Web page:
Homemaker Minerva (Diane Rodriguez) immediately confronts the Taper, Too with her compulsive desire for food, and director Michael John Garces physicalizes her obesity by dressing her in a symbolic hula hoop in Luis Alfaro's "Breakfast, Lunch and Dinner." Rodriguez offers animated expressions and a humorously eccentric delivery that gives this opening monologue an appealing quirkiness.
Homemaker Minerva (Diane Rodriguez) immediately confronts the Taper, Too with her compulsive desire for food — Hostess cupcakes, Ben and Jerry’s ice cream, Frito Lay chips — and director Michael John Garces physicalizes her obesity by dressing her in a symbolic hula hoop in Luis Alfaro’s “Breakfast, Lunch and Dinner.” Rodriguez, impressive in the Mark Taper Forum’s “Living Out,” offers animated expressions and a humorously eccentric delivery that gives this opening monologue an appealing quirkiness. But the speech is too lengthy and ushers in a sluggishly paced, unevenly constructed comedy-drama that patronizes people with weight problems and resolves its conflicts with soap opera banalities.
The steadily expanding Minerva confides her anxieties to Al (Winston J. Rocha), her amiable, beer-drinking couch potato husband. Well-meaning Al clumsily advises his wife to “stop being embarrassed and start feeling ashamed,” so she can feel upset and guilty enough to conquer her mammoth appetite. Her sister Alice (Rose Portillo) tries to be sympathetic, but she has her own obsession — sex — as exemplified by a frenzied affair with police officer Freddie Fernandez (Michael Manuel). “Don’t forget to bring the handcuffs,” Alice tells Freddie, as they grapple wildly until Alice confesses that her prior existence was “a kind of living that just involved my lower parts.” As Alice recognizes growing love for her commitment-shy cop, Minerva’s weight balloons astronomically.
Against Christopher Acebo’s all-green set pieces — forest-green bedspread, avocado chairs, lime green dinette set (a color that subliminally suggests nausea from overeating), Minerva’s potentially fatal weight gain is monotonously charted by Al, who periodically announces that his wife can no longer fit into a car, a plane, restaurant booth or movie theater. Few of these bulletins are funny or dramatic enough, especially since we never see Minerva bingeing, and the tone grows increasingly tasteless and sour. “What if she pops like a balloon?” asks Alice, a question that lacks painful resonance because Rodriguez’s Minerva only talks of obesity but rarely suggests it in her walk, actions or movements. Nevertheless, she becomes so enormous that she begins, fancifully, to float, rising higher and higher in the air. Speculations about this bizarre phenomenon are sketchy. More frustrating is the script’s lack of insight into her self-destructive journey, with little grasp of psychological traumas that trigger non-stop gorging.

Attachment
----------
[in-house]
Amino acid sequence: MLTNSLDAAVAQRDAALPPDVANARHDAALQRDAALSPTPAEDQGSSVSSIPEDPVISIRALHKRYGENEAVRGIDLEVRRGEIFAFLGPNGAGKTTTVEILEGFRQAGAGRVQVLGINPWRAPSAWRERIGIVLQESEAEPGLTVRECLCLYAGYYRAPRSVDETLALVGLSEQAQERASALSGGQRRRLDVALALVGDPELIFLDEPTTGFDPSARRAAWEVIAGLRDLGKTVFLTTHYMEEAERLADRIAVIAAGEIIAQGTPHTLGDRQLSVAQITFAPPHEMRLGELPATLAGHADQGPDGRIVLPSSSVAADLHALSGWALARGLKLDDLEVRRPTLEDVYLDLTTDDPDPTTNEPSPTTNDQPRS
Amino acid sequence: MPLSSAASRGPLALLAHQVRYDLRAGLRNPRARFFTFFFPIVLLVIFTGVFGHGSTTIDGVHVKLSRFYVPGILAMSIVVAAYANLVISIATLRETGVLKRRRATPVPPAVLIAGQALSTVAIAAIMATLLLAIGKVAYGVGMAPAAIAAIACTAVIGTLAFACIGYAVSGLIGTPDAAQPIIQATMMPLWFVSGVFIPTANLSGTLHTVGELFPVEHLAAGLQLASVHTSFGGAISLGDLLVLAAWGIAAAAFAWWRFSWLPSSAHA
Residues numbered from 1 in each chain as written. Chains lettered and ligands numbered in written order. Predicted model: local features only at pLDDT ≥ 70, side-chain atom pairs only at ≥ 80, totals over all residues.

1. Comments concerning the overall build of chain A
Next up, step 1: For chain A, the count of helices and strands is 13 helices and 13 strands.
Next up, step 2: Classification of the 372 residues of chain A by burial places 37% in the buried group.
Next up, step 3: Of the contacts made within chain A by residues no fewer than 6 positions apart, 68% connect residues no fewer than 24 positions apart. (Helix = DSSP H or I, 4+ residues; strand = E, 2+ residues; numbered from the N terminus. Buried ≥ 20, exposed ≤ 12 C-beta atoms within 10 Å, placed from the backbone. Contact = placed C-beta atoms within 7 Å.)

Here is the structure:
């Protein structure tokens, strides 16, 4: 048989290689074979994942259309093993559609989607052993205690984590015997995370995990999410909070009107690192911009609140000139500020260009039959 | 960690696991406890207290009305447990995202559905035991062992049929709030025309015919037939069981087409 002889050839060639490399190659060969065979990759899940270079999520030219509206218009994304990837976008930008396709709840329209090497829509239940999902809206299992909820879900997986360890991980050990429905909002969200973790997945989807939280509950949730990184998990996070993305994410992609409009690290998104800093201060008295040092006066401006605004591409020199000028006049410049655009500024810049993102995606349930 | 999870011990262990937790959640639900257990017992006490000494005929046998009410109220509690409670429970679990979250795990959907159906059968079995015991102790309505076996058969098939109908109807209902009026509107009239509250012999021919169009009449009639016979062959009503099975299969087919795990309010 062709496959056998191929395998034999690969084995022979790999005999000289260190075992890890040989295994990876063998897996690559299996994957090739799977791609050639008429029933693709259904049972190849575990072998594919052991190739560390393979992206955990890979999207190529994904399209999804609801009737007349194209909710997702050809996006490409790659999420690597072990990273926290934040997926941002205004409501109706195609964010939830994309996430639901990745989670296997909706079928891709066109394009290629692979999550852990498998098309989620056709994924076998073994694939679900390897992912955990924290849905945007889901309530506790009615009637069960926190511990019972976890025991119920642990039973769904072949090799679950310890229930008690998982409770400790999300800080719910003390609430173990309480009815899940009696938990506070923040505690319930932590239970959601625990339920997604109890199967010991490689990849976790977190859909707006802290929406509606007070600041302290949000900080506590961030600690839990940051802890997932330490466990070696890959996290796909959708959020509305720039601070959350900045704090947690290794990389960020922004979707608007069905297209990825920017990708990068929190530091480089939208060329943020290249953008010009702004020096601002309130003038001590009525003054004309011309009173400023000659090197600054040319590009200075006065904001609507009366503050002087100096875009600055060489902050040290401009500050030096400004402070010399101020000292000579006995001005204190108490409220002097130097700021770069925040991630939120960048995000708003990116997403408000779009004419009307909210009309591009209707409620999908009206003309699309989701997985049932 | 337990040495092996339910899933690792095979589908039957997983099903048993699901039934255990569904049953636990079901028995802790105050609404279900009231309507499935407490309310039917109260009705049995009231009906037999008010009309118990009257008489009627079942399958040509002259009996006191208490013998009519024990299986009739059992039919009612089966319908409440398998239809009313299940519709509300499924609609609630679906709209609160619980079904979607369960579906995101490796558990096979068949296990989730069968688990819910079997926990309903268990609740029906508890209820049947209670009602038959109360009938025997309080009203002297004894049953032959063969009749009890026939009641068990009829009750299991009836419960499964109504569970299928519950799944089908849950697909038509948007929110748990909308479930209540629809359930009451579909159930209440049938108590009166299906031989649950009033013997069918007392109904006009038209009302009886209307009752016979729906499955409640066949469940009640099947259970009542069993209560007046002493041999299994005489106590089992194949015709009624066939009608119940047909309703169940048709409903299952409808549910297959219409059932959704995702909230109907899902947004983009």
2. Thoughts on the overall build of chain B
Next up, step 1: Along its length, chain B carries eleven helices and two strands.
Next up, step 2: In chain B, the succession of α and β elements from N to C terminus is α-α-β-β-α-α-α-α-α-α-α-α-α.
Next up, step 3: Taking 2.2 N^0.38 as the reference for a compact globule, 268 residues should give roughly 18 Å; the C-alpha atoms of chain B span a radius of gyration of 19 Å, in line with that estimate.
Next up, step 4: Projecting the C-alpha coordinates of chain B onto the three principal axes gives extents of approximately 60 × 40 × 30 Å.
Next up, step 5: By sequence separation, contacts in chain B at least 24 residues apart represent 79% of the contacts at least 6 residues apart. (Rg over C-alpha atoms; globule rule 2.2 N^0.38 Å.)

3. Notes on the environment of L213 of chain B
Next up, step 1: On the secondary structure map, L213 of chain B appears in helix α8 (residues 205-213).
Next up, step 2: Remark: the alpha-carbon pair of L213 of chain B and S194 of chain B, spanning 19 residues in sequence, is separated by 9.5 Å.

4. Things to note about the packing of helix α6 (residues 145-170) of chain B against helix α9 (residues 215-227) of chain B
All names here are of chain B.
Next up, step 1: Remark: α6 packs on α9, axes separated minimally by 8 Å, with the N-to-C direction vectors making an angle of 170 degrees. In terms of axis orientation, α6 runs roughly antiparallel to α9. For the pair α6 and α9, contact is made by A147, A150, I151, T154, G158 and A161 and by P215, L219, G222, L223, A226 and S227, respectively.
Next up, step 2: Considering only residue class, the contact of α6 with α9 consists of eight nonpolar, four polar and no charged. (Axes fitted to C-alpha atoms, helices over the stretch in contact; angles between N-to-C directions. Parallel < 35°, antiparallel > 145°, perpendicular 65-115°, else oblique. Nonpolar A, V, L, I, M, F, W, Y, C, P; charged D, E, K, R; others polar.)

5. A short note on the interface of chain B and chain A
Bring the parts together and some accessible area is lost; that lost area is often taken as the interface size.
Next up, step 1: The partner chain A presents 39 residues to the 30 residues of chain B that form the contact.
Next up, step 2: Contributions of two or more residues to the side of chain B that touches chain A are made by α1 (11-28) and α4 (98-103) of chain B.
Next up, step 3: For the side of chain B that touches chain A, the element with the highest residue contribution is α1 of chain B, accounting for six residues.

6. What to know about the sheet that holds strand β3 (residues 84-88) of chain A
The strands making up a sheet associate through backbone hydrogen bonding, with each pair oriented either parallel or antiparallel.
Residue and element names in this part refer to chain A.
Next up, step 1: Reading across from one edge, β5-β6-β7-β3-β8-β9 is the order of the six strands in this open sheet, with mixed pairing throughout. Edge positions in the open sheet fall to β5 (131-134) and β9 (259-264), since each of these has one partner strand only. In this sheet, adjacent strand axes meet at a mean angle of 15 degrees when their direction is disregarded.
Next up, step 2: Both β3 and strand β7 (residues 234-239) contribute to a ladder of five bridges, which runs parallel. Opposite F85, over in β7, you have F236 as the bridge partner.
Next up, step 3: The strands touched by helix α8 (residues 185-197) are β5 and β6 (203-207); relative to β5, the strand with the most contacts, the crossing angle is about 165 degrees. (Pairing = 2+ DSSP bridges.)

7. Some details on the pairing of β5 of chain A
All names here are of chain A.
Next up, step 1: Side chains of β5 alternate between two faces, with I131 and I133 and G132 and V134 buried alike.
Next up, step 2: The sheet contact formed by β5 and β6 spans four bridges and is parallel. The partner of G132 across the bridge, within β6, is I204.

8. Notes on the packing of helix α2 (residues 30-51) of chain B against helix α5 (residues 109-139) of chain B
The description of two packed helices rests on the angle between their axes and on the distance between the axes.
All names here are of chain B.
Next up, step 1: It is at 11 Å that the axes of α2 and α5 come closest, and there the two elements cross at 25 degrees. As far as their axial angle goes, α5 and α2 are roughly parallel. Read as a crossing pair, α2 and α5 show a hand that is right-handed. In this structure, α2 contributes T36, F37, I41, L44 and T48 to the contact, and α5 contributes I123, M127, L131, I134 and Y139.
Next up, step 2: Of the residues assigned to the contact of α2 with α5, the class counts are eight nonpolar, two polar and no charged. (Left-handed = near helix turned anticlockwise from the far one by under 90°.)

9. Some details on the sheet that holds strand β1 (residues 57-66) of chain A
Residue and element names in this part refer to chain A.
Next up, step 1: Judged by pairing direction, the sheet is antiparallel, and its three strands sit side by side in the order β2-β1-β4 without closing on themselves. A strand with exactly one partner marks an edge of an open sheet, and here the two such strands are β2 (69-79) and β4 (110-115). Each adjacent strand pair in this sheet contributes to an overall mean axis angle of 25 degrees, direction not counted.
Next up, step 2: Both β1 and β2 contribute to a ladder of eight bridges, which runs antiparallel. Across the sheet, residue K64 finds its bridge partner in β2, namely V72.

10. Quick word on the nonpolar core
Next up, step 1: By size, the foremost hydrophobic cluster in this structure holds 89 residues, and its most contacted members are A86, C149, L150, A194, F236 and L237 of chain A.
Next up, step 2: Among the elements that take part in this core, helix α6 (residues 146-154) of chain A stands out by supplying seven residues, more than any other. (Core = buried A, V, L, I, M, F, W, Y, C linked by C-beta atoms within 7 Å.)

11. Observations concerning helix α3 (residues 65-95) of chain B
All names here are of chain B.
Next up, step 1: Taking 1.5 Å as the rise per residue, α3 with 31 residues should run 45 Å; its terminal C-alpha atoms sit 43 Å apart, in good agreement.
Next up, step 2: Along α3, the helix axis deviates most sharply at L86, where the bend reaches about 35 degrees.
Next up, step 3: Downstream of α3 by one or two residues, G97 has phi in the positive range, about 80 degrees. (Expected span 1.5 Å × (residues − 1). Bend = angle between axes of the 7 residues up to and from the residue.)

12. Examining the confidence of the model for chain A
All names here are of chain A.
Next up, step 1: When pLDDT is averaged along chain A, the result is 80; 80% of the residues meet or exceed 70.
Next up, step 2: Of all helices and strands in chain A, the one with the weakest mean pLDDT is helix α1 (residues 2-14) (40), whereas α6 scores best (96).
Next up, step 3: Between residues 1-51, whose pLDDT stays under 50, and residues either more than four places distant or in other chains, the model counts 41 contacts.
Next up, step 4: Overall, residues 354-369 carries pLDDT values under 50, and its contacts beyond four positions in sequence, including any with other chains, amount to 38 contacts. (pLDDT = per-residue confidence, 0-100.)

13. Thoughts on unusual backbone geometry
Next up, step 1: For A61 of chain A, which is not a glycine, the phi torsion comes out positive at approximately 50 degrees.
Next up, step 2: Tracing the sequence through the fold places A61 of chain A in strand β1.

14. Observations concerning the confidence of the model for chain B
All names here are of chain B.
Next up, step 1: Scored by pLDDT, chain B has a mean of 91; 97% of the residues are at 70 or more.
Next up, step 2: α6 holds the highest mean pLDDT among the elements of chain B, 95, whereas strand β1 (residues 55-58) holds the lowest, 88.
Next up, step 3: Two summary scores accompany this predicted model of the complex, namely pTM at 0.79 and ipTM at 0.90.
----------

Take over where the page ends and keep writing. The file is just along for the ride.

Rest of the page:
Minerva’s liberating elevation supposedly helps her to see life clearly, prompting such remarks to Al as “you know, we act like Canada — big and clean and boring,” and finally urging him to say “I love you.” Since Al has been a caring husband, it doesn’t seem like a revelatory step for him to mouth sentimental cliches and discover feelings that were evident from the start.
Delightfully portrayed by Portillo and Manuel, Alice and Freddie are a far more involving pair. In spite of trite dialogue (“What are you running from?” and “Your days of being a little boy are over”), both actors convey the fumbling terror of two damaged souls who want to connect emotionally and have no idea how to achieve it. Amusingly dressed by Christal Weatherly in gold latex underwear, inarticulate Freddie comically puts across the extremes of passion with “You make watching cable seem boring” and “You make jerking off not so fulfilling,” provoking laughter and sympathy at the same time. Alice’s decision to confront her lover after he leaves her has a strength and intensity missing from Minerva’s aimless musings.
Effective use of that indigestible lump of musical sugar, “Feelings,” has a satiric bite, but “Breakfast, Lunch and Dinner” is a middle-of-the-road meal that rarely excites or stings the palate.